This is a common mistake. Look at the first few lines of your loop:
while (!(fread(block, sizeof(block), 1, cardptr) == 0))
fread(block, sizeof(block), 1, cardptr);
You are executing two reads in a row. The result is that you are skipping a block and processing the one following.
The concept that you probably haven't grasped (it was hard for me when I started out) is that when you call a function inside some kind of test code (the control statement of a while or for loop, or an IF statement), you are actually executing the function. The return value from the function is then used in the test. Specifically here, you are executing a read and checking to make sure it was successful, in order to control the while loop. Many new programmers believe incorrectly that you have to execute it inside the loop and you copy the code into the control code for the loop to see if it worked, and also assume that it only checks that it worked the last time it was run. They don't realize it's a full, independent execution of the function call.
This gets even more complicated because you've introduced a third fread(). This third one is actually why you are skipping every other file. It will read a block in, write it to the end of the currently open file, and then it will test for the signature to end the inner loop. Once it finds the jpg signature, it ends the inner while loop and goes back up to the first fread() in the while loop control statement and reads the next two blocks. Since you've gone past the signature block, it will skip forward to the next signature it finds and then open a new file and go through all this again.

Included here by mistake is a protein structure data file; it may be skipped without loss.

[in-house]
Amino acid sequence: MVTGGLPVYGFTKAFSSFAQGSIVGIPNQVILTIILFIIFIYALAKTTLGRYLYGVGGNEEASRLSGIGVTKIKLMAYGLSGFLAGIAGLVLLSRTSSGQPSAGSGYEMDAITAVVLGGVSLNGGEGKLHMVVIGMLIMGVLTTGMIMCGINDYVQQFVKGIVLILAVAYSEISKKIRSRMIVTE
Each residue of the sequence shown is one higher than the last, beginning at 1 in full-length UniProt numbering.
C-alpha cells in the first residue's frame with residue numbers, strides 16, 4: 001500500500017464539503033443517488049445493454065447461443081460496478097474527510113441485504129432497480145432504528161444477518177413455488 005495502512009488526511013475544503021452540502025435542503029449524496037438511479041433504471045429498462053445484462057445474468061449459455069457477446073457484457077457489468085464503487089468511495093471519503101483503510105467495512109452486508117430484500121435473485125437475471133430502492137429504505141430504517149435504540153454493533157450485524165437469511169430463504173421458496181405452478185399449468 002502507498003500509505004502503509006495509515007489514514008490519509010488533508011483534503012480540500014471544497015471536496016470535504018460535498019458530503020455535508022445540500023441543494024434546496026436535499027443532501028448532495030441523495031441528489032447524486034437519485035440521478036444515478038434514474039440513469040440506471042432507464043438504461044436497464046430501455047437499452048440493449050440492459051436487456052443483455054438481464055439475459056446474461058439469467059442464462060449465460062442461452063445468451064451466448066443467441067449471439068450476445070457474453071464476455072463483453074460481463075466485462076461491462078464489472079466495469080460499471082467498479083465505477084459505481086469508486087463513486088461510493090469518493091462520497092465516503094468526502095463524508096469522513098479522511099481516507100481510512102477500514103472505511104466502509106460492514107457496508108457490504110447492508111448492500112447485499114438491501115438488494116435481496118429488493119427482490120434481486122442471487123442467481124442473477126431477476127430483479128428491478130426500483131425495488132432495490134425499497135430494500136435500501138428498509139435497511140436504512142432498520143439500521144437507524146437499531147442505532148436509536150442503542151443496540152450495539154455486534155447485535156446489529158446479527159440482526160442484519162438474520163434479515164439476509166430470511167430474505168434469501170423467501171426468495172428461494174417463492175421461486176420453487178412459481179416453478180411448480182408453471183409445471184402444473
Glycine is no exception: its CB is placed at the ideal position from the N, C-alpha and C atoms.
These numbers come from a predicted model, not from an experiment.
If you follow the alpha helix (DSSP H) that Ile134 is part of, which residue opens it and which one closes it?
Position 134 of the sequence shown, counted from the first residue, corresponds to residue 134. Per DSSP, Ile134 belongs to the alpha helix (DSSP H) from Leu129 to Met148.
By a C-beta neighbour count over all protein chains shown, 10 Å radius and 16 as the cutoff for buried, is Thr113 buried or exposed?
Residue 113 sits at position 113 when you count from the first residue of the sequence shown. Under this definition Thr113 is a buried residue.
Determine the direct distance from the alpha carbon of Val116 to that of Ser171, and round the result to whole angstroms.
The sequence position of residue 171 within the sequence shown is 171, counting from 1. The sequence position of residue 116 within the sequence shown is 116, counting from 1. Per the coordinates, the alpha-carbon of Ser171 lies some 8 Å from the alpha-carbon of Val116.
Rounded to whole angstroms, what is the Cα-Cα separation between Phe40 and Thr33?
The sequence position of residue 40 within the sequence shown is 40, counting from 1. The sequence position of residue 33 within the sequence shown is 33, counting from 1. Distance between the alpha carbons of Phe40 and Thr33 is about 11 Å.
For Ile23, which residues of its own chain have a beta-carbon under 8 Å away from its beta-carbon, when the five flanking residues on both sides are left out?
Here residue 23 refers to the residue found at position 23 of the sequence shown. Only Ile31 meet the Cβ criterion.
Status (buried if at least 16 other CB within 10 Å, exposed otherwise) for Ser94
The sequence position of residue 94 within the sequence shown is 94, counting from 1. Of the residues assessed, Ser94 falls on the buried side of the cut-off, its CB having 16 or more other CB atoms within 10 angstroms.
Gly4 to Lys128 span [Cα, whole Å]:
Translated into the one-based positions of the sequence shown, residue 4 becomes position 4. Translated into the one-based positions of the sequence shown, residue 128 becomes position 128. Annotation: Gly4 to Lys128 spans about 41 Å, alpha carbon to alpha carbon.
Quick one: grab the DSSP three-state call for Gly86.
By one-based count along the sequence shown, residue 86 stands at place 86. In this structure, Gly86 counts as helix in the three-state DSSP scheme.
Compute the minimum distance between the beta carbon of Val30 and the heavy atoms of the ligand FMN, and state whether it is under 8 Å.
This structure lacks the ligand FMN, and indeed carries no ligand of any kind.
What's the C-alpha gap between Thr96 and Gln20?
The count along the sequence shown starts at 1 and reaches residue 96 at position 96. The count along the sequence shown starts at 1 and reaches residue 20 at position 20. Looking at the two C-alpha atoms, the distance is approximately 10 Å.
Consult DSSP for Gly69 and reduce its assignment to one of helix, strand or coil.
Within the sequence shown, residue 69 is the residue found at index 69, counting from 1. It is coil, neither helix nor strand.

This program can be written with a single fread(), and is commonly done with two. The trend has been that the more freads() included in the code, the more problems and the more complex the code becomes.
You would do well to go back and redesign the program as pseudocode. Write out in english what steps should be taken and only once you've worked through it on paper, start converting pseudocode to actual code. Ask yourself these questions:
- Once a block is read, what should be done with it?
- Is there an open output file? IF so, what do I do? If not, should I open a file?
- Should I write the block out or discard it?
- When should I close an output file?
Here's another hint: Sometimes, when writing a program, what appears to be one of the last steps may be one of the first steps. This may sound cryptic, but once you have the program running, (depending on how you design it) it should make sense.
That should get you going again. No guarantees there aren't other issues, but good luck.
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